PRESENTATION COPIES

Sylvie and Bruno … London, Macmillan and Co. 1889. [With:] Sylvie and Bruno concluded … London, Macmillan and Co. 1893.

London, Macmillan and Co. 1880-1893.

2 vols., 8vo., pp. xxiii, [1 (blank)], 400, [4 (publisher’s advertisements and blank)]; and pp. xxxi, [1 (blank)], 423, [7 (1 blank, 1 leaf lettered ‘TURN OVER’, and publisher’s advertisements)]; wood-engraved frontispiece and 46 illustrations in the text in each volume after drawings by Harry Furniss; very good copies in the original red cloth, lettered and ruled in gilt, upper and lower boards with central gilt vignettes of Sylvie and Bruno respectively and, in Sylvie and Bruno concluded, of the Professor and the Chancellor; black endpapers (slight cracking to hinges), all edges gilt.

£2750

Approximately:
US $3521€3127

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Sylvie and Bruno … London, Macmillan and Co. 1889. [With:] Sylvie and Bruno concluded … London, Macmillan and Co. 1893.

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First editions, presentation copies inscribed ‘Lizzie Wilcox from her affte Cousin the Author / Dec. 12. 1889’ and ‘Lizzie Wilcox, from her affectionate Cousin the Author / Dec. 27, 1893’ (two days before publication), a fine association:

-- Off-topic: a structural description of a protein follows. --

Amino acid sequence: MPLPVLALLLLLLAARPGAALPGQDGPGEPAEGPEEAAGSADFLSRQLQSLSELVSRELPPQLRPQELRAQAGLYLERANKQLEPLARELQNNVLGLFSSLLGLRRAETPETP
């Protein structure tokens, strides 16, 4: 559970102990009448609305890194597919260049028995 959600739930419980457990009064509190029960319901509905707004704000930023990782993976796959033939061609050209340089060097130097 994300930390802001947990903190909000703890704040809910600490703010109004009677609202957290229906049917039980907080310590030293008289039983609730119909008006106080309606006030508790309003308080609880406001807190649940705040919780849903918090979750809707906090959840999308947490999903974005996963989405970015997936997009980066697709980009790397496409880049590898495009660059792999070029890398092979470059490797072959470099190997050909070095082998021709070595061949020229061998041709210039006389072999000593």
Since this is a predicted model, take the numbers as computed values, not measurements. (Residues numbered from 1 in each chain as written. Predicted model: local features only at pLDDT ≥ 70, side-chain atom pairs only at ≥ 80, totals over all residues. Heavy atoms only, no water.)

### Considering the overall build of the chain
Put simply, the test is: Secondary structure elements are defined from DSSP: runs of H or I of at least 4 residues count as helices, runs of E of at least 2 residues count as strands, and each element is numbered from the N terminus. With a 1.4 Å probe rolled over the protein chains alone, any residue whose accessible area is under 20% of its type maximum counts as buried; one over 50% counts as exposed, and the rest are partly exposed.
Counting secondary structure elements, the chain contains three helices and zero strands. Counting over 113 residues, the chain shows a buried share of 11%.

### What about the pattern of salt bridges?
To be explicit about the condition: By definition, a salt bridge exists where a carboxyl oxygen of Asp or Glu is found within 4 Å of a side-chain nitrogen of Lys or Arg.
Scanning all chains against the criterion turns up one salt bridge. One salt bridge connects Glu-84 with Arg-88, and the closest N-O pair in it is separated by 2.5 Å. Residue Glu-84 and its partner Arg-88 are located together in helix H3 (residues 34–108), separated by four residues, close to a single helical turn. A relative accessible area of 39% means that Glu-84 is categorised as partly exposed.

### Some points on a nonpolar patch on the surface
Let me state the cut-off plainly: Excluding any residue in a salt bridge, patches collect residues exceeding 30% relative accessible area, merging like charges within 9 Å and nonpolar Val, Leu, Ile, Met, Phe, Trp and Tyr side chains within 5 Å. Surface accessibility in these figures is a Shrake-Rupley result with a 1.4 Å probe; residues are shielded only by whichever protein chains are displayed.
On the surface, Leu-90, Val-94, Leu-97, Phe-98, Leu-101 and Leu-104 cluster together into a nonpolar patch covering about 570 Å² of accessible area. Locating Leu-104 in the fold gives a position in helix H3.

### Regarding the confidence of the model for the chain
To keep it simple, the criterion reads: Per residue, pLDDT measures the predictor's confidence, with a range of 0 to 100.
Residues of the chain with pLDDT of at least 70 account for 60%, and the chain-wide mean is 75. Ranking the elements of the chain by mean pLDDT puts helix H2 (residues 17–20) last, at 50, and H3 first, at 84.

Lewis Carroll composed ‘Jabberwocky’ (Through the Looking Glass, pp. 21-4) ‘while staying with his cousins, the Misses Wilcox, at Whitburn, near Sunderland. To while away an evening the whole party sat down to a game of verse-making, and “Jabberwocky” was his contribution.’ (Stuart Dodgson Collingwood, The Life and Letters of Lewis Carroll, p. 143n.)

The Preface to Sylvie and Bruno reminds the reader that two chapters reprint ‘a little fairy-tale which I wrote in the year 1867, at the request of the late Mrs Gatty, for “Aunt Judy’s Magazine” .… It was in 1874, I believe, that the idea first occurred to me of making it the nucleus of a longer story. As the years went on, I jotted down, at odd moments, all sorts of odd ideas, and fragments of dialogue …. I am telling you all this … because I really believe that some of my readers will be interested in these details of the “genesis” of a book, which looks so simple and straight-forward.’ Also in the Preface Carroll praises Furniss for his ‘(to my mind) wonderful pictures.’

Williams, Madan, Green and Crutch 217 and 250.

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